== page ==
“Howards End” Hits the Ground Running with a Lush Adaptation

Posted on April 09, 2018

“My darling sister, it isn’t going to be at all what we expected.”

And with that opening line from a breathless letter to Margaret Schlegel sent by her sister Helen, this adaptation of E.M. Forster’s classic novel about class and social conventions in early 20th Century England is off and running – almost literally. While it never wanders one micron away from the conventions of an adaptation of this sort, it wants you to know (and mostly succeeds in conveying) that this version will be brisk, smart, probing and above all else, modern. In fact, we see it as a production that desperately wants to convey that latter aspect and might have slightly over-played its thinking with that thematically heavy opener. Swift-moving, bold, and social justice-heavy in its thinking it may be, but the Starz adaptation of Howards End deftly pushes all the costume drama buttons it can locate in the story.

You can expect – and indulge in – extended scenes of tea-pouring, skirt-swishing, calling card dropping, hat-wearing, horse-and-carriage riding, classical music-listening, “Good day to you, sir,” “Get the gentlemen his coat, please” “Do stay and sit”- style conversing, and of course, little touches here and there of hidden passions and forbidden desires expressed no more overtly than a sigh or a slightly too-strong compliment in polite conversation. Modern Victorian/Edwardian period dramas tend to work fairly hard to differentiate themselves from stuffy, PBS Masterpiece-style classics and Howards End is no different in that regard, but its main draw as entertainment is just how well it knows what the audience really wants to see and makes sure to give it to them in spades.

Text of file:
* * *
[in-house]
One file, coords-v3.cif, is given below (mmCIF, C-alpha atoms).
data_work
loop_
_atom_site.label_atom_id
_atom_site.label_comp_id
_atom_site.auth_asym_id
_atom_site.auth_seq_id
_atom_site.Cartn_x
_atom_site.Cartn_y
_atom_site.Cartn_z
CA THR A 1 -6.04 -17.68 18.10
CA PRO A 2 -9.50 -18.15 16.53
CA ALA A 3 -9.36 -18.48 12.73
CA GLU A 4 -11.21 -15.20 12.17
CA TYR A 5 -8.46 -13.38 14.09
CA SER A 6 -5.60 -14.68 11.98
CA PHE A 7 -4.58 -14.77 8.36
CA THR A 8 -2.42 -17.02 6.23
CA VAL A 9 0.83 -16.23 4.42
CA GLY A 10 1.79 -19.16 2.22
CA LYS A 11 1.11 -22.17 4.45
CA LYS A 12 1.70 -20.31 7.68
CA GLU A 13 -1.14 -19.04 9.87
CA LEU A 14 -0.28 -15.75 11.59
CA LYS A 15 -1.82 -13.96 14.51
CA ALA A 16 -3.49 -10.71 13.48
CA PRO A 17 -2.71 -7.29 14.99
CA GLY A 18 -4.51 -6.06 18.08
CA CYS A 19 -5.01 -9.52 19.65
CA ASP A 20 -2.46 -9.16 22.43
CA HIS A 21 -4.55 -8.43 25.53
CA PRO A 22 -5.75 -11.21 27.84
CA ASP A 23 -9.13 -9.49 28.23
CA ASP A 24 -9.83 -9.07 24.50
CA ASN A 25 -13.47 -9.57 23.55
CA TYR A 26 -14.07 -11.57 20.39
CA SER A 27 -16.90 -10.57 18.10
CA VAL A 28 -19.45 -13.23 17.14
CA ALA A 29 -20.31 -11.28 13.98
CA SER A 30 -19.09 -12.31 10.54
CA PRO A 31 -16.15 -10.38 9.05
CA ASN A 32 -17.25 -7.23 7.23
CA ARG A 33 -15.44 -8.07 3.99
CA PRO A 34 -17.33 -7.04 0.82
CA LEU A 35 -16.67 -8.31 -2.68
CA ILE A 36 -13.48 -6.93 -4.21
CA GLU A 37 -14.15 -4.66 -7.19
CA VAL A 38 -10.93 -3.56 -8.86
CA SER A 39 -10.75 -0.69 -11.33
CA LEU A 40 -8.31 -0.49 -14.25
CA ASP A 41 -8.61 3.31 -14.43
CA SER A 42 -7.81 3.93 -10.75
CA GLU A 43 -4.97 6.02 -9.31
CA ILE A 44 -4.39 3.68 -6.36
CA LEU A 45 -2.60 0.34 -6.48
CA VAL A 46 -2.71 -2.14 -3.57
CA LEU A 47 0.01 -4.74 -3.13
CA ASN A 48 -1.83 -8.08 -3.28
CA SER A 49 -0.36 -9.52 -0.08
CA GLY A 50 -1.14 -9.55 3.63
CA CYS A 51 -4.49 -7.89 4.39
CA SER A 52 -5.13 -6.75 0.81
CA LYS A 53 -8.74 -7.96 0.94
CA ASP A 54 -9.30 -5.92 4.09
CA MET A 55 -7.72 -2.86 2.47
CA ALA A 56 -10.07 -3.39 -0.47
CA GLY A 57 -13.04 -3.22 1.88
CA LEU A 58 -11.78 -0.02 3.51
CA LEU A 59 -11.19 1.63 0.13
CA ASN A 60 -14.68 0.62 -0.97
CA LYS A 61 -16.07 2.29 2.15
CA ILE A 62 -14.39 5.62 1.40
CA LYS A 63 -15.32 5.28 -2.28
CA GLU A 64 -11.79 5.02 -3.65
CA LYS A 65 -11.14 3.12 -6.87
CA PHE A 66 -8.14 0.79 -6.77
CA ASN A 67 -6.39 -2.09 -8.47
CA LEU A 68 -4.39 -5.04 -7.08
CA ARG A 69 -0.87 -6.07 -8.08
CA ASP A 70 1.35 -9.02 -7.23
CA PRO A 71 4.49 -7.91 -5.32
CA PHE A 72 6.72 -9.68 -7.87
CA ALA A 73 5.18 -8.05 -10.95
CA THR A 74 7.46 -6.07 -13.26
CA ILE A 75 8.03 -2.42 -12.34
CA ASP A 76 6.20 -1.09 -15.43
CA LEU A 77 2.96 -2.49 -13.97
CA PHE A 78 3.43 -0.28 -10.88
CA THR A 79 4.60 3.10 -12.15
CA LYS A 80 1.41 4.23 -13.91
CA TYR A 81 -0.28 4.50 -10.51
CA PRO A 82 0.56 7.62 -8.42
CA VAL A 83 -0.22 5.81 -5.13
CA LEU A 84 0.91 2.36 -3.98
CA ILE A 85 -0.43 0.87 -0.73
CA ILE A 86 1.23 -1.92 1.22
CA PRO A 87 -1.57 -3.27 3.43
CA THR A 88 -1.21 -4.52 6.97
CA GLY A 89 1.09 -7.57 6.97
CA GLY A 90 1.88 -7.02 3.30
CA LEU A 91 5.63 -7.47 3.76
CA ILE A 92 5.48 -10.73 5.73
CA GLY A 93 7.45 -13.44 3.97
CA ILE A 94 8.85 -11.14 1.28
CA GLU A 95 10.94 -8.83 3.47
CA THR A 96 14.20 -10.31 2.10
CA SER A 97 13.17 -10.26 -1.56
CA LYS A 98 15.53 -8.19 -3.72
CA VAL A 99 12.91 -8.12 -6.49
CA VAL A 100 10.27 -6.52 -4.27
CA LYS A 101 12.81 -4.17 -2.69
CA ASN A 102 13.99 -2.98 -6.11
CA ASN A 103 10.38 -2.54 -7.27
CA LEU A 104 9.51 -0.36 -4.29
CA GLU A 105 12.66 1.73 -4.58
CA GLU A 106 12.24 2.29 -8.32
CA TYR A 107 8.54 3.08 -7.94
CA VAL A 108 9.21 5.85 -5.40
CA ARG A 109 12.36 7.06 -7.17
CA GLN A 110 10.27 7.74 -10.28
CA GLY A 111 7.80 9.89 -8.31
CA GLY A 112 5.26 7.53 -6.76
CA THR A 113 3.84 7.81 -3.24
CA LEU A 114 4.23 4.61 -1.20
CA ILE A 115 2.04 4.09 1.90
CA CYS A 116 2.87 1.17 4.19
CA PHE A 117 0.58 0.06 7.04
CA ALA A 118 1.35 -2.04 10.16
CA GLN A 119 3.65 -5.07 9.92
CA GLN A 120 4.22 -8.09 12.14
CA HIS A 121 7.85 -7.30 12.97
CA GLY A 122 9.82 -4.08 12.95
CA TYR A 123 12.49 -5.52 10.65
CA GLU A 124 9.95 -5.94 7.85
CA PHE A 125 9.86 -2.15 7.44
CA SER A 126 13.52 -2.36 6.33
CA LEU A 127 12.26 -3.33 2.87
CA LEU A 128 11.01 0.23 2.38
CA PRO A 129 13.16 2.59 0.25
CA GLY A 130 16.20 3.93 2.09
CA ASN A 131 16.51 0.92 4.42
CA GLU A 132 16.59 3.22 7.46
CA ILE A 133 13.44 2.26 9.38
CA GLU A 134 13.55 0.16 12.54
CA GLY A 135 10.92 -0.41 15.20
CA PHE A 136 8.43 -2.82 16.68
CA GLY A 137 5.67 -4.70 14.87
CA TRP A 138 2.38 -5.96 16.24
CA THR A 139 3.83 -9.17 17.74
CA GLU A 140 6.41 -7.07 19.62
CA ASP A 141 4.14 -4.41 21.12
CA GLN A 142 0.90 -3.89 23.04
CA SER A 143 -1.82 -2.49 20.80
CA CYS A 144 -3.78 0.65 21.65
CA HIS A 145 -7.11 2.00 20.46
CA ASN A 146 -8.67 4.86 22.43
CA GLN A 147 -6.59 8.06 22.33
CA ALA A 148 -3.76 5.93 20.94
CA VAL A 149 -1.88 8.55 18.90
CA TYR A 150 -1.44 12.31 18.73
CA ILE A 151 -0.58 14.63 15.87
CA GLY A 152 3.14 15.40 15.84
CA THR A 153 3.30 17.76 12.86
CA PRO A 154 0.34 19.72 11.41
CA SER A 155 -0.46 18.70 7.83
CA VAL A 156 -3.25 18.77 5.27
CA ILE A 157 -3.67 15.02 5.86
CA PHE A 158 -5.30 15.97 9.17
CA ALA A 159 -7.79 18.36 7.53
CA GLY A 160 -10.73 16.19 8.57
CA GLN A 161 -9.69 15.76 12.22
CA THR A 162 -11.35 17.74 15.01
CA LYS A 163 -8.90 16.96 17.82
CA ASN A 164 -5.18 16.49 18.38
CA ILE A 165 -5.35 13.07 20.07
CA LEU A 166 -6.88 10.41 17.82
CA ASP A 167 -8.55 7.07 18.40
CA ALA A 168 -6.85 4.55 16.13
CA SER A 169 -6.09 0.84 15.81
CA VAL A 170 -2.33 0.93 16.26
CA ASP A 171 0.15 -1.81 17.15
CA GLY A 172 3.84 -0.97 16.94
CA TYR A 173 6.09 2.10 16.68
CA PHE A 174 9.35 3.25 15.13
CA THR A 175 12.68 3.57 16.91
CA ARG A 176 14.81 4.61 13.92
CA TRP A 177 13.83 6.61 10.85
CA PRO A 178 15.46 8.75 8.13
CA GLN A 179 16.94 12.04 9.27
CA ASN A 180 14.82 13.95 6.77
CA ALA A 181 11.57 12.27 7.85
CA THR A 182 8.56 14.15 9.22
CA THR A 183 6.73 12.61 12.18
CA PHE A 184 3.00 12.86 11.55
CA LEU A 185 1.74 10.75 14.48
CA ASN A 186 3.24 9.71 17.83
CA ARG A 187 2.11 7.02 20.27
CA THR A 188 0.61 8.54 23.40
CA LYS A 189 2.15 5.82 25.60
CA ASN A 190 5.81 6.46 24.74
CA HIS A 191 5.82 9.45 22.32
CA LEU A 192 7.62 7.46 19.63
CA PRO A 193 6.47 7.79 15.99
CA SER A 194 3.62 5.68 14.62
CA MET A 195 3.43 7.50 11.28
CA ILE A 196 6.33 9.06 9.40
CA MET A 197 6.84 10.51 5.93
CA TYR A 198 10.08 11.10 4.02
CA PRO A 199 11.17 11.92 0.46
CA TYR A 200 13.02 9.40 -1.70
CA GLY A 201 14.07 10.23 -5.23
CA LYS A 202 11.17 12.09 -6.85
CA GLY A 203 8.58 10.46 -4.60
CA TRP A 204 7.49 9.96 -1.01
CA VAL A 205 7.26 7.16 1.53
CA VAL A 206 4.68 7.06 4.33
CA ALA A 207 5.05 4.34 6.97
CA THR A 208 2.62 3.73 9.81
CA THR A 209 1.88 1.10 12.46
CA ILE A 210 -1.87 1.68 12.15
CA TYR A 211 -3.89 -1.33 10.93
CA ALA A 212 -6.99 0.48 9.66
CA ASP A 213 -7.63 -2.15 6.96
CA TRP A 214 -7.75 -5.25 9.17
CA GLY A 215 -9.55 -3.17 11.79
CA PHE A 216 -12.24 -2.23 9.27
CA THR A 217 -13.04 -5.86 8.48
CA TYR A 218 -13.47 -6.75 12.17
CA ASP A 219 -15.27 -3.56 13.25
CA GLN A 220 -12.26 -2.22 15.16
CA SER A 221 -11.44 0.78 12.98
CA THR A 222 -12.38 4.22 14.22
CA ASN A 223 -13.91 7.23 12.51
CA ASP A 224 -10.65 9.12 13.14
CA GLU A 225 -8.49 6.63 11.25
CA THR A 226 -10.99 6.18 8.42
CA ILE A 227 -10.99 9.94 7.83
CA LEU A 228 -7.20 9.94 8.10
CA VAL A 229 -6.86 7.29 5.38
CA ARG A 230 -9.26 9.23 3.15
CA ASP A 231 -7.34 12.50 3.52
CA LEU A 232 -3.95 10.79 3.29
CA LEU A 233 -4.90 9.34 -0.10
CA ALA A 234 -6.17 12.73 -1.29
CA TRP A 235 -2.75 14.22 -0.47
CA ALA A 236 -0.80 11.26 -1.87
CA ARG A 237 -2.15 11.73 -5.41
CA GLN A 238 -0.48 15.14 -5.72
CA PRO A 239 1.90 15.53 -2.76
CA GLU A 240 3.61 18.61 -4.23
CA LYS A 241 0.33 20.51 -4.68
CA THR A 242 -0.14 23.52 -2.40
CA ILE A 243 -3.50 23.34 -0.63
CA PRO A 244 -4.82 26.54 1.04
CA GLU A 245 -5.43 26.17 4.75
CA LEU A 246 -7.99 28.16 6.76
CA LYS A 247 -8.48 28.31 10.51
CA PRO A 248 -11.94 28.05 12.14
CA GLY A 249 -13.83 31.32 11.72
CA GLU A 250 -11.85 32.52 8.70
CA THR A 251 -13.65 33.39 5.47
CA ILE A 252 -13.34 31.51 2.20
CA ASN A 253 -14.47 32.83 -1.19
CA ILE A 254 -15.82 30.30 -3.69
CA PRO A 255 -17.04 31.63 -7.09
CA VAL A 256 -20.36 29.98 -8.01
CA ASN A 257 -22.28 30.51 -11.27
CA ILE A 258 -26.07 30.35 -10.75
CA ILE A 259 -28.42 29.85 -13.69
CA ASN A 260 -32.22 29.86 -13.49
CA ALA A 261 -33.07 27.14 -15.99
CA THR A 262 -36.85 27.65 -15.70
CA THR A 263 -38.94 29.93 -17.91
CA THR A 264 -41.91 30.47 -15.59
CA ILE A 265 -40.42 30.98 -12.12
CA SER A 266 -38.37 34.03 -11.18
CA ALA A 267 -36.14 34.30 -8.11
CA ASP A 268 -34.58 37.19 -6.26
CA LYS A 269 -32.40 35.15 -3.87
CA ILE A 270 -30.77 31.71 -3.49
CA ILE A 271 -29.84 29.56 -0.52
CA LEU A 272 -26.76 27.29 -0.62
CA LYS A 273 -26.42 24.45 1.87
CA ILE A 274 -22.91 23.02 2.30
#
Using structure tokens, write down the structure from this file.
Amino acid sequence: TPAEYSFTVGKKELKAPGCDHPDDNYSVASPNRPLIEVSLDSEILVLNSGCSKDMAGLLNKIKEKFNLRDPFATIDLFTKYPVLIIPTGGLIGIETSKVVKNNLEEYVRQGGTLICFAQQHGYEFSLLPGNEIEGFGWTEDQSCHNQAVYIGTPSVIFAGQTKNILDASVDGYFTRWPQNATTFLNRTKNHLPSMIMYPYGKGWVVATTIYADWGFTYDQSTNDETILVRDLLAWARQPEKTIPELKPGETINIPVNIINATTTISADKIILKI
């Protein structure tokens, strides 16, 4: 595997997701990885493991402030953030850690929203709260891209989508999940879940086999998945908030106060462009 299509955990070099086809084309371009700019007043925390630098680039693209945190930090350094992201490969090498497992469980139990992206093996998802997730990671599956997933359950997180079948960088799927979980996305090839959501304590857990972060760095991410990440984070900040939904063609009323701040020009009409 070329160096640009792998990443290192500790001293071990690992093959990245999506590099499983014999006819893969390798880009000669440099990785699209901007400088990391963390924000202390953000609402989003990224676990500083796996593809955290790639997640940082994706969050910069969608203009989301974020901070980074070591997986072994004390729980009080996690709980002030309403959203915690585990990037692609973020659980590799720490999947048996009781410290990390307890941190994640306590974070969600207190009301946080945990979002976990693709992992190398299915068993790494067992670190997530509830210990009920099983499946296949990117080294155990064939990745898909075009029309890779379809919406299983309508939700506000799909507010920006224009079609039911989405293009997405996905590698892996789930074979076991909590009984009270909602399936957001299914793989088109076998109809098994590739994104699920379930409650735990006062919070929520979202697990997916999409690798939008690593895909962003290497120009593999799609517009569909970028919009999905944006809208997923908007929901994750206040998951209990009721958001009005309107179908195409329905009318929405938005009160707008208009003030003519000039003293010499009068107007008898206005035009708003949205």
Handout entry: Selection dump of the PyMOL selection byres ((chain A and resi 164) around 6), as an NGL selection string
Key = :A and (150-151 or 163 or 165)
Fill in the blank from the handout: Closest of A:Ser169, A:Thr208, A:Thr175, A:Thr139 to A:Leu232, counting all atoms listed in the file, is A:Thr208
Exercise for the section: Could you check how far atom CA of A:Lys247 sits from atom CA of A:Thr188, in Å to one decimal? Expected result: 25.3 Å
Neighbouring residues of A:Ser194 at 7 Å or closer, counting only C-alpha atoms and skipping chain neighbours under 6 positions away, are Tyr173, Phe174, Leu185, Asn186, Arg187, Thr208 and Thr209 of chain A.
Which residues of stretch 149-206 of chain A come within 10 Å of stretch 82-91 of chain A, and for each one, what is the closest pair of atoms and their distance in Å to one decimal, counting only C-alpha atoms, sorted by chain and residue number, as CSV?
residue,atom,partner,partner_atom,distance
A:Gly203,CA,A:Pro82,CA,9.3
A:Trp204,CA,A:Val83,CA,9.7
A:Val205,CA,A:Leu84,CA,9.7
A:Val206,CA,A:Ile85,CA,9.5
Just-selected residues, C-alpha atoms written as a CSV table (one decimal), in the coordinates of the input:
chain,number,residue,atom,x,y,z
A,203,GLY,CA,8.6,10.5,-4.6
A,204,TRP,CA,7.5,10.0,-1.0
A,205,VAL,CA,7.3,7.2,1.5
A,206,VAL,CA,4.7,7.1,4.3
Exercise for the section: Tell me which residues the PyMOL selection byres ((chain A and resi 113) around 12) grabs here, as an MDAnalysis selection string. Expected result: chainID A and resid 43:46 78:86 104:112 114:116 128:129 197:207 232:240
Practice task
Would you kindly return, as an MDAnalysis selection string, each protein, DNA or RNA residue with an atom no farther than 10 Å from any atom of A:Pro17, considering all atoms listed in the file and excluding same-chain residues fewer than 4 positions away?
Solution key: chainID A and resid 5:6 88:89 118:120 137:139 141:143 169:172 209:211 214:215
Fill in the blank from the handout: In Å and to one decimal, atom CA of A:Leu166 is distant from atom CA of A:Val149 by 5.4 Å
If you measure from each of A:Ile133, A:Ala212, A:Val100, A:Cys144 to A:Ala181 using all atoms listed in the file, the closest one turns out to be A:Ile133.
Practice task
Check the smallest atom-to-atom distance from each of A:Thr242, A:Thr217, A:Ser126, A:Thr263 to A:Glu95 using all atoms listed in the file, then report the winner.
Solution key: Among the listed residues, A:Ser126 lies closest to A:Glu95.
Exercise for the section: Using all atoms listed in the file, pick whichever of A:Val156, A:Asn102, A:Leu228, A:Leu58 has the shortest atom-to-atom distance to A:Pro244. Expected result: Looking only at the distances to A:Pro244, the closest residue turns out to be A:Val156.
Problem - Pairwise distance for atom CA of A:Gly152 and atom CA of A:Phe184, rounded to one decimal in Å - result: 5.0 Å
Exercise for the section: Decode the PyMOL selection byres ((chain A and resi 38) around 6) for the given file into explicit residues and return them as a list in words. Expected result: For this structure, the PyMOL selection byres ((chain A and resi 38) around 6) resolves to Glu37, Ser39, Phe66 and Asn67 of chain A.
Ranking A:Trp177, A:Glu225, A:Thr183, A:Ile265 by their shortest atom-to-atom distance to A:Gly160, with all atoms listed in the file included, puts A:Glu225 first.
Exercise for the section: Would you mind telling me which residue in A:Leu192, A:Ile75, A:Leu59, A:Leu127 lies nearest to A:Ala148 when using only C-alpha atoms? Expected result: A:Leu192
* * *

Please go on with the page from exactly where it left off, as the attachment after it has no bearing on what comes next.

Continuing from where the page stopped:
It is helped tremendously, as all period dramas are, by the casting. If you were to write a personality description of this version of Margaret, the words you use – brisk, smart, strong-willed, efficient, bright, engaging – would also be the correct words to describe the actress playing her, Hayley Atwell. The entire production centers around her character and her performance, and she’s more than up to the task. You can’t help but like her, even as the script makes clear that she can be impulsive, judgmental, and slightly overbearing. As examples, we offer her stinging assessment of Mr. Bast’s pedestrian tastes, thin face, and tattered cuffs, couched in an air of concern, as well as her first letter to Mrs. Wilcox, which was strangely harsh, followed by a barging-in on the woman to forcefully apologize. These are not, we think, random examples of her actions, but the core of her character as the script overtly describes her: a young woman seen past her prime (or closing quickly in on that state), who had to sacrifice a normal youth in order to raise her siblings on her own, making her fiercely protective of them, intense by the standards of the day, and subsequently slightly “off” in a social sense. Helen is portrayed somewhat similarly by the wonderfully cast Philippa Coulthard, except without any of the sense of anxiety about her future or grueling responsibility that tends to define a lot of Margaret’s actions. She is forceful, strong-willed, judgmental, passionate (classical music sure seems to have a … heady effect on her) argumentative and deeply concerned about an unjust world.